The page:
Arusha 28th december 2007 (FH) - If ten years of hearings at the International Criminal Tribunal for Rwanda (ICTR) made it possible to try some of the persons responsible for the 1994 genocide in the central African country, defence rights were in many respects, a different story.

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Several defence lawyers interviewed by the Hirondelle news agency on condition of anonymity, claimed that defence rights were in most of the cases pushed in the background.

Those tried so far have included former cabinet ministers, top government officials and other political leaders. Religious leaders and journalists were also not spared.

The lawyers often cited deficiencies in the tribunal's judicial work such as loose indictments, weak judgments, witnesses with highly doubtful credentials and serious violations of the rules of procedure among others.

However, some of them agreed that the ICTR had done a commendable job.

"Before these ad hoc tribunal (ICTR and ICTY) , there had been nothing since Nuremberg", said a former tenor of the bar of Quebec, referring to the post WWll trial of war crimes in Europe.

"We should not hurl the baby out of the bath tub", said a defence lawyer from southern France. "The institution is not perfect but that does not put into question its absolute necessity," he added.

"We must take care, however, that this dream which international justice demands, should respect the essential principles which justify its existence, in particular fairness of the trials", he concluded.

To explain these failures with defence rights, several arguments have been advanced.

"Investigators and prosecutors come from non-democratic countries, without judicial traditions", explains another lawyer. Thus, he says, "a witness statement can be refused in one trial and re-appear in another case!"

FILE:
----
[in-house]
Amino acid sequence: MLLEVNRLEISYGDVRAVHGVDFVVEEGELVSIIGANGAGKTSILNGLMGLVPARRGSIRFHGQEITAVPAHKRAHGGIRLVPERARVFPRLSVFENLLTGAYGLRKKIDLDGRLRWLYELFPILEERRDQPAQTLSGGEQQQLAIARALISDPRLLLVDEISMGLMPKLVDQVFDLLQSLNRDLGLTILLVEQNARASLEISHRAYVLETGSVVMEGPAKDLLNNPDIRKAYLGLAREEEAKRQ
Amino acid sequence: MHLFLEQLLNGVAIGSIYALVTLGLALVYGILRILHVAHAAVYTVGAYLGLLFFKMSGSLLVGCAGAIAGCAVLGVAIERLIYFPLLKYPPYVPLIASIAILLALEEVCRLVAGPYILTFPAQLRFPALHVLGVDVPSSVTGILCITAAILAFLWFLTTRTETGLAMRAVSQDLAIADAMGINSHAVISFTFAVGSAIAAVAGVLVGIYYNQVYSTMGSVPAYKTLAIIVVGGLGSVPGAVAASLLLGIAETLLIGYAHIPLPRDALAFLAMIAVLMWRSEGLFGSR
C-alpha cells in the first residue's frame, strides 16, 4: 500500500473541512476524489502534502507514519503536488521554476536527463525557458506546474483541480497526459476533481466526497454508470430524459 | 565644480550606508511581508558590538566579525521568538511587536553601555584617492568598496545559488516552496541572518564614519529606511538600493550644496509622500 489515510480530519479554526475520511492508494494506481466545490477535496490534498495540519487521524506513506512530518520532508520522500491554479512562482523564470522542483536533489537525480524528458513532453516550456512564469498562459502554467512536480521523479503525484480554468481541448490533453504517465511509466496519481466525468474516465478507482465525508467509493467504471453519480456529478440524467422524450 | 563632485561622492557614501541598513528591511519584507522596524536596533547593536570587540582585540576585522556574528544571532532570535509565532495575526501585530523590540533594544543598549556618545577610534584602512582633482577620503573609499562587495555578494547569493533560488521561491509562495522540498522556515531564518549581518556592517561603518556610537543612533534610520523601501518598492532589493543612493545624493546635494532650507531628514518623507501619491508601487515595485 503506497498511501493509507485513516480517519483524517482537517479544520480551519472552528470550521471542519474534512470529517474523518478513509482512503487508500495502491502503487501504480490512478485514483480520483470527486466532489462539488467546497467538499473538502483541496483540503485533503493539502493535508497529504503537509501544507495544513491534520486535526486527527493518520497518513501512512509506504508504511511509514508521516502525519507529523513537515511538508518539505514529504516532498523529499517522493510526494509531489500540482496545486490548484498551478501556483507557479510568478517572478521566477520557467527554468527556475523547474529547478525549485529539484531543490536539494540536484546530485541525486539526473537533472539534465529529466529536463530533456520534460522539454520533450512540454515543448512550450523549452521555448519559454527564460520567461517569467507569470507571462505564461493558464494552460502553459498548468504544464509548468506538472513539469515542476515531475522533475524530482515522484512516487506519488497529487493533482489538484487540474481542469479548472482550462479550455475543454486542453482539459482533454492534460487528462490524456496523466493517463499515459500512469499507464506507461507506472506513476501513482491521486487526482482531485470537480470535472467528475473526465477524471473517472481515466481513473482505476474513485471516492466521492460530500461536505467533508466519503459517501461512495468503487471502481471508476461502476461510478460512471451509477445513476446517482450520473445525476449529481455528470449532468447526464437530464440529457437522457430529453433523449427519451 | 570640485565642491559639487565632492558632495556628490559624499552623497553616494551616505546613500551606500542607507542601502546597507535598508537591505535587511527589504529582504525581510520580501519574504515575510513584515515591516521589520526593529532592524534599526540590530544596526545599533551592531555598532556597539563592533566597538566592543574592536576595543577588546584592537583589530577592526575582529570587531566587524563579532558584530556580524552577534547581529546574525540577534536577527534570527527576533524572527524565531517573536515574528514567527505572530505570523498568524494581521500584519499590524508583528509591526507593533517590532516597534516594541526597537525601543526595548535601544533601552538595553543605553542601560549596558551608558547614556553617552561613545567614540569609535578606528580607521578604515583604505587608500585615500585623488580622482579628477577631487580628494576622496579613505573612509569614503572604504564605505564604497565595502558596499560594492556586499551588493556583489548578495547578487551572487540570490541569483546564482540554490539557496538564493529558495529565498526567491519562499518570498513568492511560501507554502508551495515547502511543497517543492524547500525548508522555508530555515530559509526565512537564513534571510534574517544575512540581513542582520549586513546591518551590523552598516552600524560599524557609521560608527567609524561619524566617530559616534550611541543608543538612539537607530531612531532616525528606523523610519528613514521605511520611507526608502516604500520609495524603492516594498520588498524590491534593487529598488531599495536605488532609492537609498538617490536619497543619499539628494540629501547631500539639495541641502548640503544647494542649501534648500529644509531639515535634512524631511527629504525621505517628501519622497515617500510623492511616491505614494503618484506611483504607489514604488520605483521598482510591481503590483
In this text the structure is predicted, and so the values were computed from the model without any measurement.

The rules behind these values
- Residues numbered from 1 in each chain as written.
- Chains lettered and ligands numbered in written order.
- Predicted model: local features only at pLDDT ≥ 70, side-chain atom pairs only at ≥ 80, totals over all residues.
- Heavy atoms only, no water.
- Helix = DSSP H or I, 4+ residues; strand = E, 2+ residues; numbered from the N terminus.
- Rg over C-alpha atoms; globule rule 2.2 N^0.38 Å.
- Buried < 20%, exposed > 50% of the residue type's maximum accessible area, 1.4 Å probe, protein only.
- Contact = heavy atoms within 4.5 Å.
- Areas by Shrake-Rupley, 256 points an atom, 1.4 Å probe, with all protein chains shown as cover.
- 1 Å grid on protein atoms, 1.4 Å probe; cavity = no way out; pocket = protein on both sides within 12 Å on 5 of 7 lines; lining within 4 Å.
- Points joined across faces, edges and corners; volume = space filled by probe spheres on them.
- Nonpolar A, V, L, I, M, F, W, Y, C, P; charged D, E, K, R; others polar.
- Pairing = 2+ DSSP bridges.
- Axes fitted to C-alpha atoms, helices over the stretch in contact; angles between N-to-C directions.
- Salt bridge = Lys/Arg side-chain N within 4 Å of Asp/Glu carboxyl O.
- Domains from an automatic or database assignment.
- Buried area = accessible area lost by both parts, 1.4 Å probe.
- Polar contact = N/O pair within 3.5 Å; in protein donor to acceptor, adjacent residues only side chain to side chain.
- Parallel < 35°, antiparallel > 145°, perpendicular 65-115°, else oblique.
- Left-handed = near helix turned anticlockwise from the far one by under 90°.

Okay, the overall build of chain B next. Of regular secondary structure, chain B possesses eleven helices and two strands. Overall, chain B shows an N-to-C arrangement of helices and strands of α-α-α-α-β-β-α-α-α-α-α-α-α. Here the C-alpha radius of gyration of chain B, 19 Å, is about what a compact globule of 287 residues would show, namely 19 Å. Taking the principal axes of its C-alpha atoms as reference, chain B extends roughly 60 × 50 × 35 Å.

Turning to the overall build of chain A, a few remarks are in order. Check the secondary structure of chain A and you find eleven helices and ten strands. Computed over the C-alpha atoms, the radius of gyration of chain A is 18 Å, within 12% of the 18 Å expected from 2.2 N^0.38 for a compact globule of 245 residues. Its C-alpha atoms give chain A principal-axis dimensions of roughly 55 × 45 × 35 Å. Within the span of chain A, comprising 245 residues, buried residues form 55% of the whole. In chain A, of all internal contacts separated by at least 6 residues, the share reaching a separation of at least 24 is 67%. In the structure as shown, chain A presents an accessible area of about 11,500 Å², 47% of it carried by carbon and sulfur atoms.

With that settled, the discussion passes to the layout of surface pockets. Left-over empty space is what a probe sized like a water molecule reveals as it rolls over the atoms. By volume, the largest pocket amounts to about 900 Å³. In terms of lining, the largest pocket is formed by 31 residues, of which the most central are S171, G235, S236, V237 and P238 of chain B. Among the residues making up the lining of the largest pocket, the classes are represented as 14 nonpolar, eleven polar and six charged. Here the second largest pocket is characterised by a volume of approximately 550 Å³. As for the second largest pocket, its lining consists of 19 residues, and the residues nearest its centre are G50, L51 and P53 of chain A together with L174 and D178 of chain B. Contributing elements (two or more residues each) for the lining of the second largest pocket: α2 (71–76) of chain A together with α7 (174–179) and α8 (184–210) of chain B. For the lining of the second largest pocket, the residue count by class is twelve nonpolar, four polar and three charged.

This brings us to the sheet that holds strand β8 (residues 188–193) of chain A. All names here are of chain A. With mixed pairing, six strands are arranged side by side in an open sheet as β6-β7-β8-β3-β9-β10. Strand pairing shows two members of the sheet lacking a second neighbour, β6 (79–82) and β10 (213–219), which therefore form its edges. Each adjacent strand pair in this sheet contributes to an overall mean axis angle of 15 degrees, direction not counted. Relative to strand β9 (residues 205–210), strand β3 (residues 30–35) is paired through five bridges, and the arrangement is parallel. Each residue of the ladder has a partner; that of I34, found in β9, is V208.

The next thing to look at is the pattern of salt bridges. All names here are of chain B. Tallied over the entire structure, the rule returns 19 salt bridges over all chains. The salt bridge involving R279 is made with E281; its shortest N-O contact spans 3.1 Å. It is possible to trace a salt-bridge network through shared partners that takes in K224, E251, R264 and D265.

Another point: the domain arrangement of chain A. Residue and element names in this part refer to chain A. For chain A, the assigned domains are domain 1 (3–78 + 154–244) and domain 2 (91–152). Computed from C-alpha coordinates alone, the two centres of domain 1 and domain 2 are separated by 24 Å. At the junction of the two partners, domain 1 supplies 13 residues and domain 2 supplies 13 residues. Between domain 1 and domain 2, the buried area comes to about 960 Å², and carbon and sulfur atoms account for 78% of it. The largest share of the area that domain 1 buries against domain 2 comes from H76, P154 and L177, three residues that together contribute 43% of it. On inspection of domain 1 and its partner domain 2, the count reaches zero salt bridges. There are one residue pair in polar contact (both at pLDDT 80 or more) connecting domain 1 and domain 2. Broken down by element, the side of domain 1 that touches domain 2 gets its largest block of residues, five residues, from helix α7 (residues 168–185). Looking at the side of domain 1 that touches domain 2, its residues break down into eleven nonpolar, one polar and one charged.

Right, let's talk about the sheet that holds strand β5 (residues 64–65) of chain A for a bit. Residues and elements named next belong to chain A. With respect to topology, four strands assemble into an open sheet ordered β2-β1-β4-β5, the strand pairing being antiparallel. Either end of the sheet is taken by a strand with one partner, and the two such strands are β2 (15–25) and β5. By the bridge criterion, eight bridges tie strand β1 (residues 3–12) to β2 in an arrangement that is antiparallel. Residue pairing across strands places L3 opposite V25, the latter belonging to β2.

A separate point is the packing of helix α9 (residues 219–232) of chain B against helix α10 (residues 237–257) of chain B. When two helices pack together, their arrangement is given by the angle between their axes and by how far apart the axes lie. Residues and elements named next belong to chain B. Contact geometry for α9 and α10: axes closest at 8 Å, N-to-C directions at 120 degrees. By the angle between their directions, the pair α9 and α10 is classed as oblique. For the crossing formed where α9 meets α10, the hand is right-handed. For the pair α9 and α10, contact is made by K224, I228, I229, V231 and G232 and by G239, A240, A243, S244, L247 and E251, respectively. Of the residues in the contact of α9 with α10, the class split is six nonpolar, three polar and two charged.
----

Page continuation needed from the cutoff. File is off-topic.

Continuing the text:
In democracies, a prosecutor who does that is accused of perjury and cannot return to court". "It is intellectually and judicially difficult to accept that a court can have double standards", he stressed.

Even if the ICTR was recently praised for having tried the first case of false testimony, witnesses were "caught with the hand in the cookie jar on several occasions," said one lawyer.
"Which truth do we speak of?," asked a Canadian lawyer. "The appeals chamber, with its judicial report, made a fundamental error," he claimed.

With 100 USD per hour of hearings, some of the lawyers certainly receive between 10, 000 and 15, 000 dollars per month. However, there is a catch there. They have to give up their more paying Western clients or have to leave their law chambers in the hands colleagues.

Summed up therefore, the lawyers are not at the ICTR for the lure of the money but rather passion for international justice, which is a ground breaking area of international law and therefore the strong urge to be among the pioneers of the system.

That urge by far transcends financial considerations while the demand to be highly professional is quite strenuous.

"The stories about big time money are simply not true" said a pioneer of international legal assistance. "There should be just concern about the system's fairness, but if it does not pay well, we risk seeing not so competent lawyers who do not have clients, which also, won't be a good sign", he said.

© Hirondelle News Agency